Florida Blue Cross also has notified its doctors that the plan was among the 30 selected for review this year. Samaritan Health Plan, based in central Oregon with 6,500 members, also was picked, according to a company newsletter. Health Net, Inc. disclosed in a Securities and Exchange Commission filing that its plan in Arizona was selected. None of the health plans would comment.
At issue is the accuracy of “risk scores” used since 2004 to pay the health plans. At the time, Congress hoped to spur the growth of these insurance plans by adjusting payments based on how likely their enrollees were to need costly medical services.
The health plans collect medical data used to compute a “risk score” for each person they enroll and Medicare pays them higher rates for sicker people and less for those in sound health.
But the risk-scoring formula has proven to be a breeding ground for billing irregularities — as much as $70 billion in “improper” payments to health plans from 2008 through the end of last year, according to government sampling data reviewed by the Center for Public Integrity.
Mary Inman, a San Francisco lawyer who represents whistleblowers, said officials have been concerned for years that risk scores if abused could offer a “new way to fleece” the Medicare program. “This is a weak spot for CMS,” she said, noting that it “hasn’t hit the public realm yet.”
The CMS RADV audits will probe whether health plans trigger overpayments by reporting diseases that don’t have any impact on health and medical care, or by exaggerating the severity of conditions — in effect making patients look sicker on paper than they actually are. Doing that leads Medicare to pay a plan more money than it deserves.
Maria Gonzalez Knavel, a health care attorney in Milwaukee, said that if insurers have been reporting risk scores accurately, the impact of these audits will be minimal. But if they reveal a lot of “loose” reporting, “that will be a whole different ball game,” she said.
Gonzalez Knavel said there’s a perception in the industry that billing errors occur with some frequency. “They’re humans and they don’t always get it right,” she said. “There will be some mistakes made.”
When mistakes are made, risk scores are far more likely to be too high than too low, government records show. Nearly 80% of the improper payments in 2013 — $9.3 billion — were overcharges, according to the data sampling.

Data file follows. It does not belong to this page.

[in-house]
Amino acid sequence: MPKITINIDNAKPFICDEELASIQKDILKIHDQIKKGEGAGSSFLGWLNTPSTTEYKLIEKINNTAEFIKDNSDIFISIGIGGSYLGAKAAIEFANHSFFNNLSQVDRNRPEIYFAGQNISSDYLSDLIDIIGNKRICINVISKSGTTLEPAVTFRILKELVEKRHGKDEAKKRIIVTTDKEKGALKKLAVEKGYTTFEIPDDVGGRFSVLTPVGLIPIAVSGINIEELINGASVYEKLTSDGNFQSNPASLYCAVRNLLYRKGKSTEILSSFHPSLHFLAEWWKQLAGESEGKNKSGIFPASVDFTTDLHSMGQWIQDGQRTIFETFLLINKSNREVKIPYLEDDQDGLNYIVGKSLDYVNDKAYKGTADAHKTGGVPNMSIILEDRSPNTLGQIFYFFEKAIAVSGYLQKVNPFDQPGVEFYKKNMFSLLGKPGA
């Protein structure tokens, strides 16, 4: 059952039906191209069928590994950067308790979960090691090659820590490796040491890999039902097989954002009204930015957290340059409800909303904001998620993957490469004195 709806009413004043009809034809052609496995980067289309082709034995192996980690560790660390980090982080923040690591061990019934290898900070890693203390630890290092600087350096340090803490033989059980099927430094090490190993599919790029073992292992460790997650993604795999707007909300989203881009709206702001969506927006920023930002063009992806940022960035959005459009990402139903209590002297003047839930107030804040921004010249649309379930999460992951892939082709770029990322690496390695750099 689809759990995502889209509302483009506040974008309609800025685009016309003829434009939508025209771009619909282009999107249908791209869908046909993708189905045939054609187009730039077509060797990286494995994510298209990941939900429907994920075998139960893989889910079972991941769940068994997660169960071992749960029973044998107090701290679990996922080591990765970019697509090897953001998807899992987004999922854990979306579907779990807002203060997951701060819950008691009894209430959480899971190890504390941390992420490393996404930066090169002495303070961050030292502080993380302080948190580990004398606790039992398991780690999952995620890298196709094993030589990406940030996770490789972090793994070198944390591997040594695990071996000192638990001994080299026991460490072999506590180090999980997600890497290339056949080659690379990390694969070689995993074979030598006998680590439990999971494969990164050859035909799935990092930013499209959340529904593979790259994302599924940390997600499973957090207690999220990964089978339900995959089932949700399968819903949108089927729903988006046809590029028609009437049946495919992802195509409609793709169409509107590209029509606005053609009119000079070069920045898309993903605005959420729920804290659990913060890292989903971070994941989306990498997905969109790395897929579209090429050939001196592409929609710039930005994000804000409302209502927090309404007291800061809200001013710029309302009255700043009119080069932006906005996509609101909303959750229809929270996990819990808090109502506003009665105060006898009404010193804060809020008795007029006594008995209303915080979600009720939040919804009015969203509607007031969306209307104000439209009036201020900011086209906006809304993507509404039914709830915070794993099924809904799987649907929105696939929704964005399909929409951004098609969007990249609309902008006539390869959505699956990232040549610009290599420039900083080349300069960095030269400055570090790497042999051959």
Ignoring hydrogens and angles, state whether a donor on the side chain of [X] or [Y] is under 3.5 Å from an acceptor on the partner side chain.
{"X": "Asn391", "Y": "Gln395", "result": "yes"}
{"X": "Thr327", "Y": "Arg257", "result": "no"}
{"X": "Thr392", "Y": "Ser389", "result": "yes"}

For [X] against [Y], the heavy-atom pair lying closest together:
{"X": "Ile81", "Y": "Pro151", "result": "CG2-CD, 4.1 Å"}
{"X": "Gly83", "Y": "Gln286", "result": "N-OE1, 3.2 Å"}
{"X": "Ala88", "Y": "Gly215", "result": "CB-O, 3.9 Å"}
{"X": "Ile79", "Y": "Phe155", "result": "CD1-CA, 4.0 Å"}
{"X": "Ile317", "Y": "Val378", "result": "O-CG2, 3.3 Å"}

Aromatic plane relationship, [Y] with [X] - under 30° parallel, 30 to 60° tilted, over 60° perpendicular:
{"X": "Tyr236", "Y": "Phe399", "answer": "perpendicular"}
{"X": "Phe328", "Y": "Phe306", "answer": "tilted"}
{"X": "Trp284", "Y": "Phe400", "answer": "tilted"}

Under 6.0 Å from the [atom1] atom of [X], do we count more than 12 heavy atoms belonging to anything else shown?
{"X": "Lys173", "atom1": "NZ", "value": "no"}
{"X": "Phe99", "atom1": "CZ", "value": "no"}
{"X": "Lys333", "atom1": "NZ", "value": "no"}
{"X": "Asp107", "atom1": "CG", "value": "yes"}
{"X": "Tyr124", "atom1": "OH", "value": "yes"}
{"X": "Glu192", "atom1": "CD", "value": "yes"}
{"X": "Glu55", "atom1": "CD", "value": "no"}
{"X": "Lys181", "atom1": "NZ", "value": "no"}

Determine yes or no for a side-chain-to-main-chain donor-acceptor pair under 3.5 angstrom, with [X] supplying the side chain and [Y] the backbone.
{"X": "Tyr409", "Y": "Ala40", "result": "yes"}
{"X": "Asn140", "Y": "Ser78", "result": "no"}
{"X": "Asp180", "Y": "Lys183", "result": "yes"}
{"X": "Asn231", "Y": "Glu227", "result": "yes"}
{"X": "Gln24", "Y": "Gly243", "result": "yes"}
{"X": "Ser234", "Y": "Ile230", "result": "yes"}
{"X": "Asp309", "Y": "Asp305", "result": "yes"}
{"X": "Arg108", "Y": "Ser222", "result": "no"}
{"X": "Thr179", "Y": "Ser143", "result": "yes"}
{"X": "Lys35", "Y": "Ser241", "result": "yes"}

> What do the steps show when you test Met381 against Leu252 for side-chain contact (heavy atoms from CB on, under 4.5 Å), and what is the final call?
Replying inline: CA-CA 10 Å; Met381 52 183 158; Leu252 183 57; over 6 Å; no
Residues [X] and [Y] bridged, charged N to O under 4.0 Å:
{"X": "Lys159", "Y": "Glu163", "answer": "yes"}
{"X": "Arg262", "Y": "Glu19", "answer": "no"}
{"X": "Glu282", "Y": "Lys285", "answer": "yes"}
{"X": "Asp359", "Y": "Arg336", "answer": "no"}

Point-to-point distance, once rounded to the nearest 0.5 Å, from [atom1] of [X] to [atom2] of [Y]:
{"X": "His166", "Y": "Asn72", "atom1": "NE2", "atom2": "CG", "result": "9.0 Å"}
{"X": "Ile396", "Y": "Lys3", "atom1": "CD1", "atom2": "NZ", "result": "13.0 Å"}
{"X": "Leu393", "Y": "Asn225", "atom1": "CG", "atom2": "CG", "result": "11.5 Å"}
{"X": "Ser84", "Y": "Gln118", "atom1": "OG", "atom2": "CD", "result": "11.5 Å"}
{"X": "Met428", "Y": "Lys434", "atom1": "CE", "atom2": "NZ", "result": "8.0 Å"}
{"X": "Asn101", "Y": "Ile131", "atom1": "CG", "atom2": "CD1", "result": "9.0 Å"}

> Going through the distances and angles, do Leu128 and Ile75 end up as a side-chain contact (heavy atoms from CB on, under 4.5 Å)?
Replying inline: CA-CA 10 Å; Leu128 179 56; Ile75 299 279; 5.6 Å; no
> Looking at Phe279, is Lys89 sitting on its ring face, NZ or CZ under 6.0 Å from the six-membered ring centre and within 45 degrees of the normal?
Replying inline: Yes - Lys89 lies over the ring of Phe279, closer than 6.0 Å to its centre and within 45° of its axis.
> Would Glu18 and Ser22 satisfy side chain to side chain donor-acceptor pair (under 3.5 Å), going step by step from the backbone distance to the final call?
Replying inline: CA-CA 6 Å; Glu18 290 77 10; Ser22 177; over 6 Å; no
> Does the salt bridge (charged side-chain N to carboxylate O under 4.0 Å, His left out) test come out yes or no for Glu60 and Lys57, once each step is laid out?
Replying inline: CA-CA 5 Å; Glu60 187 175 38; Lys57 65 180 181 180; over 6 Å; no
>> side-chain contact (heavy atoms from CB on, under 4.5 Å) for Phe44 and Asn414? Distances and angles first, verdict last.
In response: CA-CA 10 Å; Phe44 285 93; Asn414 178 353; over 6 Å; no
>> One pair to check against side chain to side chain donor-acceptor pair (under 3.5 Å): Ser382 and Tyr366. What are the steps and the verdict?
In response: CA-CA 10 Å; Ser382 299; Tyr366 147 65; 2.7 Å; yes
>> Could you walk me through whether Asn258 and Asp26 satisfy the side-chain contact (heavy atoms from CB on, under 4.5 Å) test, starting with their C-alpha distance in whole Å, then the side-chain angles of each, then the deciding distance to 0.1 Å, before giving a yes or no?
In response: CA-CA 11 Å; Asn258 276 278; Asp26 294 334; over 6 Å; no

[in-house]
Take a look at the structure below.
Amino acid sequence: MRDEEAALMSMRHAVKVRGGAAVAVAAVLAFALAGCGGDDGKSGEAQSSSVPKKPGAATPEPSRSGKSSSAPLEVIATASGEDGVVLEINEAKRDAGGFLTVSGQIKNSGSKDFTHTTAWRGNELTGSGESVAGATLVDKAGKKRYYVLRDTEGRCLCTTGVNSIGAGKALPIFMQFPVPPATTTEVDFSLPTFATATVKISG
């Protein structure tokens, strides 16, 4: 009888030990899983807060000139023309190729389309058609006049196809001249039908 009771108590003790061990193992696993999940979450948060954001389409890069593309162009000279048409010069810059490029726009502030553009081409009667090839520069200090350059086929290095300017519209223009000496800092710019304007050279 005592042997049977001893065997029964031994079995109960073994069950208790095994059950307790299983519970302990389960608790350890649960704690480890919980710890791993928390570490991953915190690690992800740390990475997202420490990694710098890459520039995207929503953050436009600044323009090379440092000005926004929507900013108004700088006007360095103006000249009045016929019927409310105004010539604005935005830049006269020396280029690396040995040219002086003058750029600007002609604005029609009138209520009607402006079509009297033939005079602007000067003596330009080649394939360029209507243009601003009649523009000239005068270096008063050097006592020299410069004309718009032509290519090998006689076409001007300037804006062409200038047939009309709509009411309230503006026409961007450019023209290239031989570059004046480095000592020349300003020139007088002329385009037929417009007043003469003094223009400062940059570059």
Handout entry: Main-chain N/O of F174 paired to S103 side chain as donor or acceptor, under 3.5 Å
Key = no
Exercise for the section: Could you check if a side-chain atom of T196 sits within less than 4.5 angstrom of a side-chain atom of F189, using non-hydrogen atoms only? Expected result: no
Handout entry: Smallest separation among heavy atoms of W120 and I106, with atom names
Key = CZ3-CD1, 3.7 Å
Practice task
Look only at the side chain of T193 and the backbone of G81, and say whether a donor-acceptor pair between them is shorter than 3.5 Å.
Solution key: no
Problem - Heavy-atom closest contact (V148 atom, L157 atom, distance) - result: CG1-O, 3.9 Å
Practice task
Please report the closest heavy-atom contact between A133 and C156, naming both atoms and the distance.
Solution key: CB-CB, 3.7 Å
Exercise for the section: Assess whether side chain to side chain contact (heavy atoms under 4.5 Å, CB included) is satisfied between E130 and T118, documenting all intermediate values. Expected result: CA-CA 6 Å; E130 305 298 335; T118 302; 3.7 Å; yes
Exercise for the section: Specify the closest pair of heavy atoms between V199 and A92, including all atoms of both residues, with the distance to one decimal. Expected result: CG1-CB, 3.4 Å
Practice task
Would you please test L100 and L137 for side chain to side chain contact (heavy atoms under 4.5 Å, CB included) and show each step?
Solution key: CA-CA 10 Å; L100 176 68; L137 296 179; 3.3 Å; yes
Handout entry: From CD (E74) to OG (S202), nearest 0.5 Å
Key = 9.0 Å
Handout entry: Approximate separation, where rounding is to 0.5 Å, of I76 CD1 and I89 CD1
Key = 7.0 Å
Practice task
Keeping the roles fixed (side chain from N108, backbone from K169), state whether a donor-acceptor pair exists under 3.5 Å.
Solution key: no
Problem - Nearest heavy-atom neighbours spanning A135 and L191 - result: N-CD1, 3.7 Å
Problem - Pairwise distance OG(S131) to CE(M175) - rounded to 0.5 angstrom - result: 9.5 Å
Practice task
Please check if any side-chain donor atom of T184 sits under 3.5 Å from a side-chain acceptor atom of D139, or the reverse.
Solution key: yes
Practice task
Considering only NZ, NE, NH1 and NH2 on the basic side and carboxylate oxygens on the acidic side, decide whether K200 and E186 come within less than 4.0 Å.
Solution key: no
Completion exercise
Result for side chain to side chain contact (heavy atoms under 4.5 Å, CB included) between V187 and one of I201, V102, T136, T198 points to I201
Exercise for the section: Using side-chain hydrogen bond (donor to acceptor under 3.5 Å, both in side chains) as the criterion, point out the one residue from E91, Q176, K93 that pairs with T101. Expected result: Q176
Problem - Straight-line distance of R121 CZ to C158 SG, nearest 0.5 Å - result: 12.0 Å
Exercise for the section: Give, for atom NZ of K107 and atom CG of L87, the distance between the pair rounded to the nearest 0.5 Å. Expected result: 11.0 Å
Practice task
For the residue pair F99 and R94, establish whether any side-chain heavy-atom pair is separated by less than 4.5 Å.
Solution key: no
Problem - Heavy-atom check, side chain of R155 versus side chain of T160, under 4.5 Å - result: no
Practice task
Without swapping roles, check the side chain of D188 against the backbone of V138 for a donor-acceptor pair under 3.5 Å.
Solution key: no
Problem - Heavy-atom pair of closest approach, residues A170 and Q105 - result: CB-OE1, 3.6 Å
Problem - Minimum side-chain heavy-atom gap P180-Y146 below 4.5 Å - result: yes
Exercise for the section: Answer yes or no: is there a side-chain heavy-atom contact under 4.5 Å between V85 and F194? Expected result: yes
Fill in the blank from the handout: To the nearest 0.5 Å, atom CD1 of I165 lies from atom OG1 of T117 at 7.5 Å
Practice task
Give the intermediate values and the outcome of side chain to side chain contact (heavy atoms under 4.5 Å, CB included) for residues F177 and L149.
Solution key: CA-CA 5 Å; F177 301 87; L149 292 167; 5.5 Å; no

Whether Medicare Advantage plans are a good deal for taxpayers has been a contentious, and often highly political, question in Washington for years. Many critics, particularly Democrats in Congress, argued that the health plans marketed to healthier seniors and inflated risk scores to boost profits.
“That makes enrollees look less healthy without any actual change in health status and drives up payments to plans,” Rep. Henry Waxman, then chairman of the House Energy and Commerce Committee, wrote in a March 6, 2009, letter to a top Medicare official. The letter was signed by four other senior Democrats as well.
The Center for Public Integrity’s independent analysis of government data confirmed that in 2011 more than 800,000 patients across the country were enrolled in Medicare Advantage plans that are paid rates at least 25 percent higher than under the more common traditional Medicare option run directly by the government.
Supporters counter that the health plans offer extra benefits, such as dental care and hearing aids, and can cost seniors less in out-of-pocket expenses than standard Medicare, a major selling point.
Cutting back on overpayments to Medicare Advantage plans has been a priority for the Obama administration. With the support of some key Democrats in Congress, the administration had hoped to use some of the savings for the Affordable Care Act.